What Is a Check Hold?
A check hold denotes the maximum number of days that a bank can legally hold the money from a deposited check. After the check hold period has expired, the bank must credit the funds to the account of the party making the deposit.
The check holding period is generally equal to the number of days it takes for the check to go through the bank's clearing cycle.
How Check Holds Work
The Expedited Funds Availability Act of 1987 (EFAA) mandated that local checks may be held for no more than two business days. After 2010, all checks in the United States were considered local. The two-day hold has been extended to five days as a reasonable limit for holding local checks. The Federal Reserve requires that a bank hold most checks before crediting the customer’s account for no longer than a “reasonable period of time,” which is regarded as two business days for a same-bank check and up to six business days for one drawn on a different bank. Financial institutions may hold on-us items for one business day following the deposit. Many use the term EFAA Regulation interchangeably with (Reg) CC.
Banks may currently decide to place six types of holds on checks:
- Any amount exceeding a $5,000 deposit may be held. This “remainder” must be made available within a reasonable time, usually two to five business days. Such deposits are considered large deposits.
- Checks that are re-deposited may be held for a reasonable period of time; however, if a customer returns the check due to a missing endorsement or because the check was postdated, once the bank corrects the deficiency, it may not hold said check as redeposited.
- Banks may hold checks from funds that are repeatedly overdrawn. The definition of overdrawn is if the account had a negative balance on six or more banking days during the most recent six month period, or if the account balance was negative by $5,000 or more two times in the most recent six month period.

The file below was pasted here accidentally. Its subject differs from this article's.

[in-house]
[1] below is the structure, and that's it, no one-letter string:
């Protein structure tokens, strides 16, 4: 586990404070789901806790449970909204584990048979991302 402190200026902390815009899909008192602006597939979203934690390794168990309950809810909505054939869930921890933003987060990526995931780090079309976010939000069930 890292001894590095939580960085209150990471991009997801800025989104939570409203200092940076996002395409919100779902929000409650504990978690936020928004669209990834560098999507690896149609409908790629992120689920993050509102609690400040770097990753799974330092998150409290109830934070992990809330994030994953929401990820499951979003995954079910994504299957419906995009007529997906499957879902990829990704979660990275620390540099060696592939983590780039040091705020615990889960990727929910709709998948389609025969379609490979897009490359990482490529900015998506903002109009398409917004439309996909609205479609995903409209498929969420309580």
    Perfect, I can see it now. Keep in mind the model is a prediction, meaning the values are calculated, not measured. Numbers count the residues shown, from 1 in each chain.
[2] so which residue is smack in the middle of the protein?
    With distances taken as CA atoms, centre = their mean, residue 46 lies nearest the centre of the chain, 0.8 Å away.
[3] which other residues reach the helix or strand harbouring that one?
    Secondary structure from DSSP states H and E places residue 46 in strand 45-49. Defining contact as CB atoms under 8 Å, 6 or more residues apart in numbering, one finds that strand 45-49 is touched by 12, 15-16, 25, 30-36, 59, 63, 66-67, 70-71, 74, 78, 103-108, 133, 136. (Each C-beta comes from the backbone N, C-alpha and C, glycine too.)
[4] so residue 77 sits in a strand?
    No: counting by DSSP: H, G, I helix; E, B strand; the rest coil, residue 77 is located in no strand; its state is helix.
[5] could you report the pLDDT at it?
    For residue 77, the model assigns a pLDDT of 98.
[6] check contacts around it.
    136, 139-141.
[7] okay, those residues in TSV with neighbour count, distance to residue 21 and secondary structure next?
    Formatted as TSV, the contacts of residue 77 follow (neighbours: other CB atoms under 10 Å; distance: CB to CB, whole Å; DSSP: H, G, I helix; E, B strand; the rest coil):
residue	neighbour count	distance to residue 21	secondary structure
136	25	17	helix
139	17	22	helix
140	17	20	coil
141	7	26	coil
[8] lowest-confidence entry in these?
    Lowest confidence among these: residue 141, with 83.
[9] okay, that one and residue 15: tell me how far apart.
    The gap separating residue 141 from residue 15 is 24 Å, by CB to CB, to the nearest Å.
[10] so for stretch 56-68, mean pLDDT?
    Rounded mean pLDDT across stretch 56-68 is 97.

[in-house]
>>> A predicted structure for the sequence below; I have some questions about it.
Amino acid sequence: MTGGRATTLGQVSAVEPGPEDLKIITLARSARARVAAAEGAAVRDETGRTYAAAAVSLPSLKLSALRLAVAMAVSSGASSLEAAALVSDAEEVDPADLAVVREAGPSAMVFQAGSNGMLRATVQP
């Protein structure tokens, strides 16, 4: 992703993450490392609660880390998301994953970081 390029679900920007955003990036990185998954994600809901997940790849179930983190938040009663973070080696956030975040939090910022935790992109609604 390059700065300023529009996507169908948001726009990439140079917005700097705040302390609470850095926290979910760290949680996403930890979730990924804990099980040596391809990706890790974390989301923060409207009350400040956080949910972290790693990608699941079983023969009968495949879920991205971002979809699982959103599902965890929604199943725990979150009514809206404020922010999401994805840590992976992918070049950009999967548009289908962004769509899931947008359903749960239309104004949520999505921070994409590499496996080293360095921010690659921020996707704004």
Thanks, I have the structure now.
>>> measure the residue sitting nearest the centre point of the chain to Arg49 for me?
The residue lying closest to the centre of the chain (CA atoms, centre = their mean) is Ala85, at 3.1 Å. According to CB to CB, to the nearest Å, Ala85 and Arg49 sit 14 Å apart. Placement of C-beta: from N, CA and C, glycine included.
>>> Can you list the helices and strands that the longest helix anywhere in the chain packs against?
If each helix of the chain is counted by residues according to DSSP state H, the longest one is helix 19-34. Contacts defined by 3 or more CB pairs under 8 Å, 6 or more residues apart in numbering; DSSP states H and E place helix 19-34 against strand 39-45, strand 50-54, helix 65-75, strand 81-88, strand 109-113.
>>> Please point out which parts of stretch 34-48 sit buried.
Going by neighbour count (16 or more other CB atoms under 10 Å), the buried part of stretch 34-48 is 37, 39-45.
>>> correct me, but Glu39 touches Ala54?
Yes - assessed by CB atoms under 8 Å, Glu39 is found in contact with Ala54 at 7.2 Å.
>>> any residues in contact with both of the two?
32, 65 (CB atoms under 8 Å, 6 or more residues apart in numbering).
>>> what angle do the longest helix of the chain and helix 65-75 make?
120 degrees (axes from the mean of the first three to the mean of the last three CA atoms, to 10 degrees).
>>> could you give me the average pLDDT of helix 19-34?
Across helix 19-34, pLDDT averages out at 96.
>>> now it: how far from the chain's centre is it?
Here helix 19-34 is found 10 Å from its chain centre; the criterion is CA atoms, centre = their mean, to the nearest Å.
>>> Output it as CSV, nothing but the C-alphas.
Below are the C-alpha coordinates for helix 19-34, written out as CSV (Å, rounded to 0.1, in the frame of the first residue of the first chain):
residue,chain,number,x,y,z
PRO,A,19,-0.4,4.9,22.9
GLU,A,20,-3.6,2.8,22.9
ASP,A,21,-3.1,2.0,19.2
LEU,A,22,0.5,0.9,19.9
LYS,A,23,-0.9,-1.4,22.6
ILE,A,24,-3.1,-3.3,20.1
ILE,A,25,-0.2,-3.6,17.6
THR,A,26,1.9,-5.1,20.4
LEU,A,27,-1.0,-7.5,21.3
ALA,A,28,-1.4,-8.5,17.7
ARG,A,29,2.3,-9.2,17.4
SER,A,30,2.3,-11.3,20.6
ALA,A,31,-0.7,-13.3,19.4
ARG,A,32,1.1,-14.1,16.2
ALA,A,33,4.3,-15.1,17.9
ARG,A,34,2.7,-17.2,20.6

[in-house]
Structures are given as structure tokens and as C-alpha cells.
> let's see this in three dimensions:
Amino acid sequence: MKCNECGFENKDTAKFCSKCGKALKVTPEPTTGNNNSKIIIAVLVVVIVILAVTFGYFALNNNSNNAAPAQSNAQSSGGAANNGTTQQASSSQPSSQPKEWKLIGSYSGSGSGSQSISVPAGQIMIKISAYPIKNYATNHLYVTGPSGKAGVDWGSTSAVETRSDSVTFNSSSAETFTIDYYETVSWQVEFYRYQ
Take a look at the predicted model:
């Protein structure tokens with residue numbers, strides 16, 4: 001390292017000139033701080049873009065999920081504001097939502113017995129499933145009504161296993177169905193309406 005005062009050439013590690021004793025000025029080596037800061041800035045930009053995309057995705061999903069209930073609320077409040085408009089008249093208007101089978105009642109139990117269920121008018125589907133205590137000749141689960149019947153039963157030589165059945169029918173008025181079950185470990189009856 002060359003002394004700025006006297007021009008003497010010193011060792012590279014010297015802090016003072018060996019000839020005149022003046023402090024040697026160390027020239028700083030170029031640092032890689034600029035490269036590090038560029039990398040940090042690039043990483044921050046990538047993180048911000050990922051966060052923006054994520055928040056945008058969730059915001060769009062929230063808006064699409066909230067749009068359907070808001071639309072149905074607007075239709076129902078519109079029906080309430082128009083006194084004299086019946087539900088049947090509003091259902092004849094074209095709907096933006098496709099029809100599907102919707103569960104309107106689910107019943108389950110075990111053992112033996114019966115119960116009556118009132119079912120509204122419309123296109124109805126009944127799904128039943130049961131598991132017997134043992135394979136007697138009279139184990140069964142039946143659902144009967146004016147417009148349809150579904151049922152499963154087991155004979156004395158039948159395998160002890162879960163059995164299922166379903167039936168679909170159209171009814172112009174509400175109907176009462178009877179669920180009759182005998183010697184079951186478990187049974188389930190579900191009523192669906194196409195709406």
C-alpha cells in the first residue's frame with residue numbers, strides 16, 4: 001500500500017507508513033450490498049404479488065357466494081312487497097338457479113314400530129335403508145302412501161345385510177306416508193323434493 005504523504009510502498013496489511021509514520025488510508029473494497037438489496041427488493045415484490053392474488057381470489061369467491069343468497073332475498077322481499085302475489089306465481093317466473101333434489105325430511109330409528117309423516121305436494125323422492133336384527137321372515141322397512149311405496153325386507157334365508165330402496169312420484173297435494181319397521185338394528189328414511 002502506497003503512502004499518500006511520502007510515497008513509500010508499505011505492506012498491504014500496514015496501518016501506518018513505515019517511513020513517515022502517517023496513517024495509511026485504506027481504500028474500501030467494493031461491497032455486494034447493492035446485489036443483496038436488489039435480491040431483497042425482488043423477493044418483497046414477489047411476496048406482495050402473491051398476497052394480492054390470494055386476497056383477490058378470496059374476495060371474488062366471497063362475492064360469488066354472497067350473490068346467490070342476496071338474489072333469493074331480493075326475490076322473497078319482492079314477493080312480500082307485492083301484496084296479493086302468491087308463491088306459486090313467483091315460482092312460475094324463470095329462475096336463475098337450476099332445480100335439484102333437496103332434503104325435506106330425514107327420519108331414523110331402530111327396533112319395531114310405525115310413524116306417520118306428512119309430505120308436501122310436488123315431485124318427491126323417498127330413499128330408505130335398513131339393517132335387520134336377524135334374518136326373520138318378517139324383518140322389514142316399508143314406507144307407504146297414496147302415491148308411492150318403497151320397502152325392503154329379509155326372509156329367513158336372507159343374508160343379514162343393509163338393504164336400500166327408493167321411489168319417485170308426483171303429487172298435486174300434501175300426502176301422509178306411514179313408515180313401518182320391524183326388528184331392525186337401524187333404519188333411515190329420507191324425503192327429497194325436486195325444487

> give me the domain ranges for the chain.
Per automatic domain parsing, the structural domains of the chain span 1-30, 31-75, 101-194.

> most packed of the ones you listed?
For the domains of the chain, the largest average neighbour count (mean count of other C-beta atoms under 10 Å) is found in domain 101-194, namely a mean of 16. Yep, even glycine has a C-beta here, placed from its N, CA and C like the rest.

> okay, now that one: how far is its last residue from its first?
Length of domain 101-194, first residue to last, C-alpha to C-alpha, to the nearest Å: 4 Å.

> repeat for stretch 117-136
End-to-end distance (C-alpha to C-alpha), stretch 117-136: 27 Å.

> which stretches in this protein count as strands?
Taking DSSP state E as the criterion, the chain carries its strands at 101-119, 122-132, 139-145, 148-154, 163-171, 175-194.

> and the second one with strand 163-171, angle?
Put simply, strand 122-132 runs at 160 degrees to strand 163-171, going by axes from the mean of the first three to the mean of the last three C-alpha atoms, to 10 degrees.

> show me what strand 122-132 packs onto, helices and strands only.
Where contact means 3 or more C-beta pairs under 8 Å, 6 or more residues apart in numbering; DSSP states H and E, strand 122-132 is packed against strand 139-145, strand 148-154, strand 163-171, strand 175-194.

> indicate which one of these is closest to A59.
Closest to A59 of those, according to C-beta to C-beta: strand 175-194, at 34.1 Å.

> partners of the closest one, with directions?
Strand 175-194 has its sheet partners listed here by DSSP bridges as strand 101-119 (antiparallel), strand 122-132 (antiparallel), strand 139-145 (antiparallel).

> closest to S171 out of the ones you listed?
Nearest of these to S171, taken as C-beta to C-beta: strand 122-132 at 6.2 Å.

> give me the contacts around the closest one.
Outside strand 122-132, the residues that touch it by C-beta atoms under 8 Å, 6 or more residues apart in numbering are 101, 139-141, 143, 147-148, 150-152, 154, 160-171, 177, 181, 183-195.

- If a bank has reasonable cause to doubt the collectibility of a check (e.g., doubtful collectibility). This can occur in some instances of postdated checks, checks dated six months prior (or more), and checks that the paying institution deemed it will not honor. Banks must provide notice to customers of doubtful collectibility, including the specific reason.
- A bank may hold checks deposited during emergency conditions (e.g., natural disasters or communications malfunctions) that would prohibit the bank from functioning with its normal processes. A bank may hold such checks until conditions permit them to provide the available funds.
- Banks may hold deposits into accounts of new customers. New customers are defined as those who have opened accounts for less than 30 days. Banks may choose an availability schedule for new customers.
Banks may not hold cash or electronic payments, direct deposit, money orders, Treasury checks; Federal Reserve Bank and Federal Home Loan checks, cashier’s, certified, or teller’s checks, and state or local government checks, along with the first $5,000 of traditional checks that are not in question (next-day items). It’s also imperative that commercial banks disclose their hold policies to all account holders. If a customer requests it, the bank must provide its policy in written form.